South Florida man found guilty in fatal shooting of Daniel Markel

Sigfredo Garcia convicted, but mistrial declared for Katherine Magbanua

Sigfredo Garcia is handcuffed by a deputy after being found guilty in the 2014 fatal shooting of Florida State University law professor Daniel Markel as co-defendant Katherine Magbanua sits with her attorneys, Oct. 11, 2019, in Tallahassee, Florida.

TALLAHASSEE, Fla. – One of two South Florida residents has been found guilty in the 2014 fatal shooting of Florida State University law professor Daniel Markel, but a mistrial was declared Friday for the second suspect accused in the murder-for-hire plot that authorities allege was orchestrated by the victim's in-laws.

A jury convicted Sigfredo Garcia of first-degree murder and conspiracy to commit first-degree murder. However, jurors couldn't come to a unanimous decision on the fate of his ex-girlfriend, Katherine Magbanua.

Garcia, who is the father of Magbanua's two children, was acquitted of solicitation to commit first-degree murder.

Police and prosecutors alleged he and Luis Rivera traveled from South Florida to Tallahassee to kill Markel.

Rivera pleaded guilty for his role in the July 2014 shooting and testified against Garcia and Magbanua in exchange for a lesser sentence.

A Tallahassee Police Department affidavit said Markel's death was the result of the 2013 contentious divorce from Wendi Adelson, a lawyer who has since moved to South Florida.

Investigators linked Garcia and Rivera to the crime after tracing a Toyota Prius that was seen on surveillance videos following Markel's car to his home. Cellphone records and other evidence established that Garcia and Rivera, both convicted felons, were in Tallahassee on the day that Markel was killed.

Police said Garcia's cellphone was used to call Magbanua about 2,700 times between May 1 and July 19.

The Prius that was seen in the surveillance videos was rented by Rivera in North Miami, and the SunPass transponder in the car documented its trip -- at the westbound Interstate 75 toll plaza in Broward County at 2:18 p.m. on July 16 and at the westbound I-75 toll plaza in Collier County at 5:23 p.m. on July 18, the affidavit said.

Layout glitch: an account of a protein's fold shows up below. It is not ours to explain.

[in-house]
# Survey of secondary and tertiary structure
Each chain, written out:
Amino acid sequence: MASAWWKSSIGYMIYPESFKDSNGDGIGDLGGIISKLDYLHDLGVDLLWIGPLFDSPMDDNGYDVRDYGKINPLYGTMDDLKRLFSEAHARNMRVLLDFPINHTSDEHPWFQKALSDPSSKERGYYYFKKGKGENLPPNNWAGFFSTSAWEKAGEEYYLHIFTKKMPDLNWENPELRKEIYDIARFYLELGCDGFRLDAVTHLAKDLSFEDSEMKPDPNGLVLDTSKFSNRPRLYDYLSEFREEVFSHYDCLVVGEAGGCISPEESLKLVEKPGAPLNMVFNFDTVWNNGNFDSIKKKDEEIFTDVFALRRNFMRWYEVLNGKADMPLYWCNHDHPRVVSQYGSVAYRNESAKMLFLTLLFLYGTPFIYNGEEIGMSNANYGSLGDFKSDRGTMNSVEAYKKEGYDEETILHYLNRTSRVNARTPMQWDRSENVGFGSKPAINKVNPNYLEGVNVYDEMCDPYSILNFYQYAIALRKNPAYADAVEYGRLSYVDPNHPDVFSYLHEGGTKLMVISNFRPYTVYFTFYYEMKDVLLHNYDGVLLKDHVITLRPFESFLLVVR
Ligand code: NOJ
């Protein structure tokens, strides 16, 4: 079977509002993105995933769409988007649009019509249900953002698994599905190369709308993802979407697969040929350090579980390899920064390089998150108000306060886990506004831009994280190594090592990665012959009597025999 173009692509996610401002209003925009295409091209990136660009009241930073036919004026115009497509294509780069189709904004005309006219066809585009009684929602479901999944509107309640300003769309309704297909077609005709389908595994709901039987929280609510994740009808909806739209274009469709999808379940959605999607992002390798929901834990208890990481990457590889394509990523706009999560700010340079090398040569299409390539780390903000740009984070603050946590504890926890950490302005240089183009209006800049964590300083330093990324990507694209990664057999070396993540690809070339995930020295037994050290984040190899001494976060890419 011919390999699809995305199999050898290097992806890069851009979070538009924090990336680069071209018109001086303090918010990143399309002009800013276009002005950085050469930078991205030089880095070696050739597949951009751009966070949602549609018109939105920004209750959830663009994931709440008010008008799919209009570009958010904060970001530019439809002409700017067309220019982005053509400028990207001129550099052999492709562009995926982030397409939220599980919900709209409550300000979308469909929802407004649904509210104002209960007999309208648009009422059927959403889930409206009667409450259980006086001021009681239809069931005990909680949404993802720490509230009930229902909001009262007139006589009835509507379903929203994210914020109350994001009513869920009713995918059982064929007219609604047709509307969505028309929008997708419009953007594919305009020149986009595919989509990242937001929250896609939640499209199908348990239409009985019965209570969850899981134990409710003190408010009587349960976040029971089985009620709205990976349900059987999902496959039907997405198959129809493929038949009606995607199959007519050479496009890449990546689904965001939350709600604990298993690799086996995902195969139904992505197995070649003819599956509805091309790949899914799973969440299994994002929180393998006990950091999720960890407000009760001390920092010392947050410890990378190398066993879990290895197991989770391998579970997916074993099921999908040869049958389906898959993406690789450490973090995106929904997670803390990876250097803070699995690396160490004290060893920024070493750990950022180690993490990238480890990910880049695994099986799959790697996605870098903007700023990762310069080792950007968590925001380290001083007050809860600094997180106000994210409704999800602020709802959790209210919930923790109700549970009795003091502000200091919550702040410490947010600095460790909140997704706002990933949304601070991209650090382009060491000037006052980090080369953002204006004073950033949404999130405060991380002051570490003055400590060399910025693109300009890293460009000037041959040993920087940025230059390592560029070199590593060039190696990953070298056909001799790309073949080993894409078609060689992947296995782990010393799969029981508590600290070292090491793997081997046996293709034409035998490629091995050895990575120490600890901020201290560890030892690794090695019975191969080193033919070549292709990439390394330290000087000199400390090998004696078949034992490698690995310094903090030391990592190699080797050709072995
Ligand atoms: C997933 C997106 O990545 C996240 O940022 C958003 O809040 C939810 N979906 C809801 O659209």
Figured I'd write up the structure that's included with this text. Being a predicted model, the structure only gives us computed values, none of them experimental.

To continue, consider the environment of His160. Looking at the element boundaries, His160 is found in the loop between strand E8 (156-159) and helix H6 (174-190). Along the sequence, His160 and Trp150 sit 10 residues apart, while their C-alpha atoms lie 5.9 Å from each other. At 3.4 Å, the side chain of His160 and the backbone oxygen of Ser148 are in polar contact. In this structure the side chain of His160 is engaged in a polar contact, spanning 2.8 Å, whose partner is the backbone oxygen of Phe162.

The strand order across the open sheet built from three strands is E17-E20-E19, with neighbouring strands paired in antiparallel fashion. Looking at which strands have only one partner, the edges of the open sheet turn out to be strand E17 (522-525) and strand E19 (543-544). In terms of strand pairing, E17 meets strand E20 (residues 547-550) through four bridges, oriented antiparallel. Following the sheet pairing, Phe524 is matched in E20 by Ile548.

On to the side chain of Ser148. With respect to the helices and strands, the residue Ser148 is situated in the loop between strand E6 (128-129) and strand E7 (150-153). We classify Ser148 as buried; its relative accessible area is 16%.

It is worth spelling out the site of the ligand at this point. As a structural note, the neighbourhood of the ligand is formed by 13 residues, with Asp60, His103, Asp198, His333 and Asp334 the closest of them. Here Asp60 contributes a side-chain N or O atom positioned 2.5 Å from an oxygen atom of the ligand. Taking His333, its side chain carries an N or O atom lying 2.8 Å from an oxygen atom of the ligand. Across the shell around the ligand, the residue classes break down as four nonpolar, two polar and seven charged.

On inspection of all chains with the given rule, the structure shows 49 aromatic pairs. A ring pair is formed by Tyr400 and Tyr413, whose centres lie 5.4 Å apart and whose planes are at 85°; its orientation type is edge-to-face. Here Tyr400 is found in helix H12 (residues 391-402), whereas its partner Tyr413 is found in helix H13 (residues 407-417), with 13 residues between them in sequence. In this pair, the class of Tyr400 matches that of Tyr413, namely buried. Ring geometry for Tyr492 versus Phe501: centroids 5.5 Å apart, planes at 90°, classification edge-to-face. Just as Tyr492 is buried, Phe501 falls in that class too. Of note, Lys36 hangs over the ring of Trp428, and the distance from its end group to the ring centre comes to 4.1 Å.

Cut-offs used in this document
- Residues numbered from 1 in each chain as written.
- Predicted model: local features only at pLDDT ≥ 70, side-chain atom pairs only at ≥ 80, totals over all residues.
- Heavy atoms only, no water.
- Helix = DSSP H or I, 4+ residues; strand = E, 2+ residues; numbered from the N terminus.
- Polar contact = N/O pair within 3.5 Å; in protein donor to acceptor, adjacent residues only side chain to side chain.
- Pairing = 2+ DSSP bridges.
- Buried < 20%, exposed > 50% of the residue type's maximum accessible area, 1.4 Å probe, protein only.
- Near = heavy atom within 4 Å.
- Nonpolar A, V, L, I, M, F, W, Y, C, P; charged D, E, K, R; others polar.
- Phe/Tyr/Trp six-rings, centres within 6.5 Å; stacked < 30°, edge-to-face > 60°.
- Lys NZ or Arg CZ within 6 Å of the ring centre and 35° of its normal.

Markel had been involved in a bitter divorce with Adelson, who filed for divorce in 2012. Markel later learned that she and their two children had moved to her parents' home in Coral Springs.

Wendi Adelson and Daniel Markel were in the midst of a bitter custody battle when the Florida State University law professor was fatally shot in July 2014.

In June 2013, a Leon County judge formally denied Adelson's motion for relocation with the children.

"Email evidence indicates Wendi's parents, especially her mother, wanted Wendi to coerce Markel into allowing the relocation to South Florida," the affidavit said.

Early in 2014, Markel sought to enforce the judge's ruling, claiming that Adelson's mother "made disparaging remarks about him to his sons." 

Markel asked the court to stop Adelson's mother from having unsupervised time with her grandchildren and to limit the amount of time she spent with them to prevent further disparaging remarks.

A hearing on the issue was postponed and hadn't been rescheduled when Markel was killed.

Adelson's brother, Charlie Adelson, had been in a relationship with Magbanua at the time of Markel's shooting.

Katherine Magbanua wipes away tears after the father of her children, Sigfredo Garcia, is found guilty of killing Florida State University law professor Daniel Markel, Oct. 11, 2019, in Tallahassee, Florida.

A criminal complaint filed after Magbanua's arrest in February 2018 claims she started receiving paychecks from the Adelson Institute for Aesthetics & Implant Dentistry after Markel's death. The checks, each handwritten and signed by Wendi and Charlie Adelson's mother, Donna Adelson, in the amount of $407.58, started in September 2014 and continued through at least January 2016.

Investigators reviewed Magbanua's bank accounts and noticed "a significant increase in cash deposits" after Markel's death.

Defense attorneys argued during the trial that Garcia and Magbanua were scapegoats in the state's failed attempts to charge the Adelsons.

Garcia faces the death penalty, while Magbanua could be sentenced to life in prison if convicted.